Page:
Surviving in Cuba and What It Has Meant

By Ammi

HAVANA TIMES – Recently I wrote a diary post about survival, in the eyes of a friend who experienced the rough years of the 1990s crisis in Cuba, a crisis that still continues to exist.

Today, I want to tell you what this survival experiment, at all costs, has left us.

This struggle of trying has transformed a noble, hardworking people who love their family, neighborhood and people, into a people of outcasts, who settle down in the most remote places in the world. It has transformed them into a group of thieves (because that’s what we are when we try to “resolve” the basic essentials behind our manager’s back at work).

It has transformed bravery and values into a hyprocritical silence in the face of injustice, for fear of losing what little we have left, which is almost nothing. It has taught us to only think about what we’re going to eat tomorrow and to hold onto our food until our guests leave, not out of selfishness, but rather out of the conviction that what we have in the kitchen won’t be enough for everyone.

Blissful survival in Cuba has destroyed the sacred family code. Siblings fight over the house of their deceased parents, so they can sell it and generate some capital to start up a business. A piece of bread can kick off an epic Trojan fight between cousins, aunts and uncles or anyone who is left without breakfast, because somebody else ate first.

Cubans’ natural joy has been stolen from them, and it has made them look at those abroad with hate, because they managed to “leave”, while those left on the island are being corrupted by so much garbage.

After writing all of this and knowing that I could spend my entire life writing about what it means to survive in Cuba, I realize that I still don’t know what I’m surviving for. Surviving who? Surviving to do the same thing all over again tomorrow?

I don’t want to just survive anymore. I have already fought many battles and I don’t like to cope. I want to live a dignified life, without finding myself on a tightrope every time I open my eyes in the morning.   

Read more from Ammi here.


I’m a mother of four children who through perseverance, studies and improvement managed to improve her environment and I have learned that every effort is rewarded and knowledge is shared. For me there is nothing more important than freedom and especially that which is capable of breaking personal limits. I am considered a cheerful, enthusiastic, curious person, willing to learn from each new experience.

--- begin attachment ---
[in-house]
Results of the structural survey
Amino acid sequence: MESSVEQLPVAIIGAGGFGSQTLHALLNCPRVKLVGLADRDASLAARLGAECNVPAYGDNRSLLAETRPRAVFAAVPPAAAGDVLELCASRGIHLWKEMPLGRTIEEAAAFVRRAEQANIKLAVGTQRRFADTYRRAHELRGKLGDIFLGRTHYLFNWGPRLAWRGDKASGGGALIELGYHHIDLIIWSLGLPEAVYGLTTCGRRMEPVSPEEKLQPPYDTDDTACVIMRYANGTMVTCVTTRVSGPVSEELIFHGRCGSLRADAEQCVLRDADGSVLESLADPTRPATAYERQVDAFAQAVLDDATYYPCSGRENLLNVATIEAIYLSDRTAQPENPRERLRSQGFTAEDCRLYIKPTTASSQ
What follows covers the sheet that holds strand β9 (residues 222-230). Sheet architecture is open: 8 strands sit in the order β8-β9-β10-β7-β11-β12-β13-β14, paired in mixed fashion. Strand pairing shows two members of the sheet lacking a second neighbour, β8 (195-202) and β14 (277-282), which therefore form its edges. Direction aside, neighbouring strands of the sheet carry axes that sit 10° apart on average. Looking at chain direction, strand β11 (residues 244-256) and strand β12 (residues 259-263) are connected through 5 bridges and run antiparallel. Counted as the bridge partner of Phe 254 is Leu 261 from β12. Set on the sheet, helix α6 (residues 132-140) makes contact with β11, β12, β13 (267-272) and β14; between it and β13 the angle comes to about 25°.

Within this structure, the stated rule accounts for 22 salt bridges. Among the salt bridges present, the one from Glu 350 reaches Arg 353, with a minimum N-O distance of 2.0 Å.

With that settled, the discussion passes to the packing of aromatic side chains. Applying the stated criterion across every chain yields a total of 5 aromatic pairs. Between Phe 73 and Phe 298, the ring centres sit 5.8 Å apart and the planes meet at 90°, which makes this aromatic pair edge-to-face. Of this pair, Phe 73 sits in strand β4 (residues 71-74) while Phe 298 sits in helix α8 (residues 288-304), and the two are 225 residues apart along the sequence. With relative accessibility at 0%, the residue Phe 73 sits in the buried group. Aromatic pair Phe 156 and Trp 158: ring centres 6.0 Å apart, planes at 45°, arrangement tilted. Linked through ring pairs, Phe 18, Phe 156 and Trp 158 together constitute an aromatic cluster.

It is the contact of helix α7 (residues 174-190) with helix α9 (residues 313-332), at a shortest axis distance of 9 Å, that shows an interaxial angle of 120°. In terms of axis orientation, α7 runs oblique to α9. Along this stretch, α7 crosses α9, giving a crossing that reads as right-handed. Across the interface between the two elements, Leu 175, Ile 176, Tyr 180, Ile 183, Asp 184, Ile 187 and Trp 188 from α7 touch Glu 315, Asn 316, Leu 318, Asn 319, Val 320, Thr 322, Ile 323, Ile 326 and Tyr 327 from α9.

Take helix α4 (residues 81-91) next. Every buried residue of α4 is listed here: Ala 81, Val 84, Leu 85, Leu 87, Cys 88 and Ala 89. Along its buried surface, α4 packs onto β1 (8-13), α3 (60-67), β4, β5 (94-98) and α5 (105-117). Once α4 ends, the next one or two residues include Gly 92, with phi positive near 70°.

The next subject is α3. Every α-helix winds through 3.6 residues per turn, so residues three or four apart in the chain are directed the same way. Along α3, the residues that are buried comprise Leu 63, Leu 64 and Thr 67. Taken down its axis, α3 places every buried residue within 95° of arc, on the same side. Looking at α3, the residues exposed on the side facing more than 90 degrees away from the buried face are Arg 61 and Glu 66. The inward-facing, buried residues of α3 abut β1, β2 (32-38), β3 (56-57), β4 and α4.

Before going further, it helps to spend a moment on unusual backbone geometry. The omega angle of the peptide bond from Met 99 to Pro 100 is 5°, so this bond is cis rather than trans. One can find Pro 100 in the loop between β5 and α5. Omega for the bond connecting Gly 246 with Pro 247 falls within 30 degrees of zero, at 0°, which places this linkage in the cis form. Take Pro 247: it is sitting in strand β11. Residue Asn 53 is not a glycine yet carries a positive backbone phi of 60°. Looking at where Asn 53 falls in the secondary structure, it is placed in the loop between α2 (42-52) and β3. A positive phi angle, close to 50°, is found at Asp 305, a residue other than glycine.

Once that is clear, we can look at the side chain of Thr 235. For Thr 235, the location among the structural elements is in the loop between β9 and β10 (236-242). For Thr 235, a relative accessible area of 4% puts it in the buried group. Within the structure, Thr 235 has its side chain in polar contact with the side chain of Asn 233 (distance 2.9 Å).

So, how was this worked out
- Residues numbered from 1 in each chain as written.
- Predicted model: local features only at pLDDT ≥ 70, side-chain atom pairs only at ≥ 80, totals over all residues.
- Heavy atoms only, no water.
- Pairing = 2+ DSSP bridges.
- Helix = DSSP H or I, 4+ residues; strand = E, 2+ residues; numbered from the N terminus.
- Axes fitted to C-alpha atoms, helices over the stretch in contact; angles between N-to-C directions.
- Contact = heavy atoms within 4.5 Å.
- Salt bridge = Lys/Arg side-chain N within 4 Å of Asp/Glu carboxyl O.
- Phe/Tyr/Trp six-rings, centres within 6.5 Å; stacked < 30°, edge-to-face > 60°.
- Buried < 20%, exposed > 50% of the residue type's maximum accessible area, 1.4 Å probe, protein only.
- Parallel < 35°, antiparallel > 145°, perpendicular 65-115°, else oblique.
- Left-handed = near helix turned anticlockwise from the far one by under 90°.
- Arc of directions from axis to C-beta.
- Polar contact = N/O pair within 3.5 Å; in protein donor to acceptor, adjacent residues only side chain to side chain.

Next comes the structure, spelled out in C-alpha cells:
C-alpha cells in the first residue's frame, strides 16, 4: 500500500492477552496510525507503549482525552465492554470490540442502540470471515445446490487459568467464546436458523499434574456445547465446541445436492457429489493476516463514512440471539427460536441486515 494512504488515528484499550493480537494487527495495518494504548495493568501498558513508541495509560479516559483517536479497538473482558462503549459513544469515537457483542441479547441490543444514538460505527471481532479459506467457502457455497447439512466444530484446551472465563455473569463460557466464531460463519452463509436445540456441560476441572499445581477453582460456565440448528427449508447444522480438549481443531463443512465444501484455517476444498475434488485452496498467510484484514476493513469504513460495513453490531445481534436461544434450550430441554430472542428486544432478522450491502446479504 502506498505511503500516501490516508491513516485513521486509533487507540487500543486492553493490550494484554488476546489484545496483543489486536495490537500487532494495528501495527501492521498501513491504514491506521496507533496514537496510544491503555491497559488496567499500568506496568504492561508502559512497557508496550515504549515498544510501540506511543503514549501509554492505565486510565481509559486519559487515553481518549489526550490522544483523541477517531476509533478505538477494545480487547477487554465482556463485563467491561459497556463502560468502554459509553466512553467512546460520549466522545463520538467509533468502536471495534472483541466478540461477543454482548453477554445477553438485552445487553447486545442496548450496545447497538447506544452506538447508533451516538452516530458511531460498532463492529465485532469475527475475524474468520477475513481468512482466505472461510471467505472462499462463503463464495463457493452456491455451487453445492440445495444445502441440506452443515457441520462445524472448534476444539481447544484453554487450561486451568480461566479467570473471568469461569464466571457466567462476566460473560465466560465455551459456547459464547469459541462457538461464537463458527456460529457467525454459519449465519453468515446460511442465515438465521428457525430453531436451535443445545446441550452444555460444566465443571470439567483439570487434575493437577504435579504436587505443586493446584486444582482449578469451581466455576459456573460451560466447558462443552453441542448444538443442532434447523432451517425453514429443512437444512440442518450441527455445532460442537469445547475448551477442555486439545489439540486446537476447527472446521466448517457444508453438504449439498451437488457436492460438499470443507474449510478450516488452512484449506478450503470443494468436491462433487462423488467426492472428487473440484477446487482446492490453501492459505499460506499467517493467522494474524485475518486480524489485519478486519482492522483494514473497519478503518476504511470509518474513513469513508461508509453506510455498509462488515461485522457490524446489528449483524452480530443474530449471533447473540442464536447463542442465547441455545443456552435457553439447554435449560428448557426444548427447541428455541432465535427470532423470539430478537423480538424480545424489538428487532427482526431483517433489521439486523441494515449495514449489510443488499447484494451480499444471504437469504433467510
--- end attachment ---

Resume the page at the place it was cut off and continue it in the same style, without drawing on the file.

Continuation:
2 thoughts on “Surviving in Cuba and What It Has Meant

  • Great and True

  • Ammi writes a very touching and telling account of daily Cuban experiences. No doubt her story resonates across the island to the majority of citizens who are at the mercy of their inept, incompetent government.

    There are many, many reasons that have brought the Cuban economy to such a disastrous state. Those reasons have been repeated over and over on many HT articles and other platforms that provide a non bias overview of the present economic situation in Cuba today.

    Cuban citizens are hurting. Certainly not those Cuban Party faithful affiliated with the Cuban communist government who can easily access any form of help necessary for themselves and their families. Be it food, medicines, household necessities all can be acquired as long as one is “connected” to the right cadres in the communist Party elite.

    It is the majority who suffer, like Ammi and her unconnected family, that must bear the brunt of mismanaged political policies that force some law abiding citizens to no longer be law abiding Cuban citizens for survival’s sake.

    As Ammi writes: “This struggle of trying has transformed a noble, hardworking people who love their family, neighborhood and people, into a people of outcasts. . . . It has transformed them into a group of thieves (because that’s what we are when we try to “resolve” the basic essentials behind our manager’s back at work).”

    I am sure this criminal behavior not only takes place at work but within neighborhoods where extreme poverty forces some neighbors to steal from neighbors. Osmel, the Cuban farming entrepreneur, can attest to that. “The cassava I planted can be harvested after six months, but a few weeks away from this date, on a rainy night some people stole approximately 30 cangres (what we call the root that has the cassavas attached to it) from me.” HT (My Family Survival Journey Advances Amid the Crisis, June 19,2021).

    Can one blame the treacherous thieves? From a Cuban criminal perspective – guilty as charged. From a humanity perspective, were those Cuban citizens reverting to thieving simply trying to feed themselves and their hungry families? Perhaps. I do not know.

    Multiply that state sentiment and struggle across the island and society begins to fall apart. People on empty stomachs; people who face extreme hopelessness; people who face hunger on a daily basis, people in such conditions revert to their most basic instincts for survival causing the entire society to suffer negative consequences.

    Ammi clearly points out “survival” is, unfortunately, the operative word in the lexicon of the majority of Cubans today. Their government is inattentive to their plight. Words of encouragement by those living on the outside looking in can only do so much.

    “I don’t want to just survive anymore”, writes Ammi. A strong, powerful statement. I just hope those political Cuban Party leaders have some sort of decency and compassion for their fellow citizens. Their country’s future depends on it.

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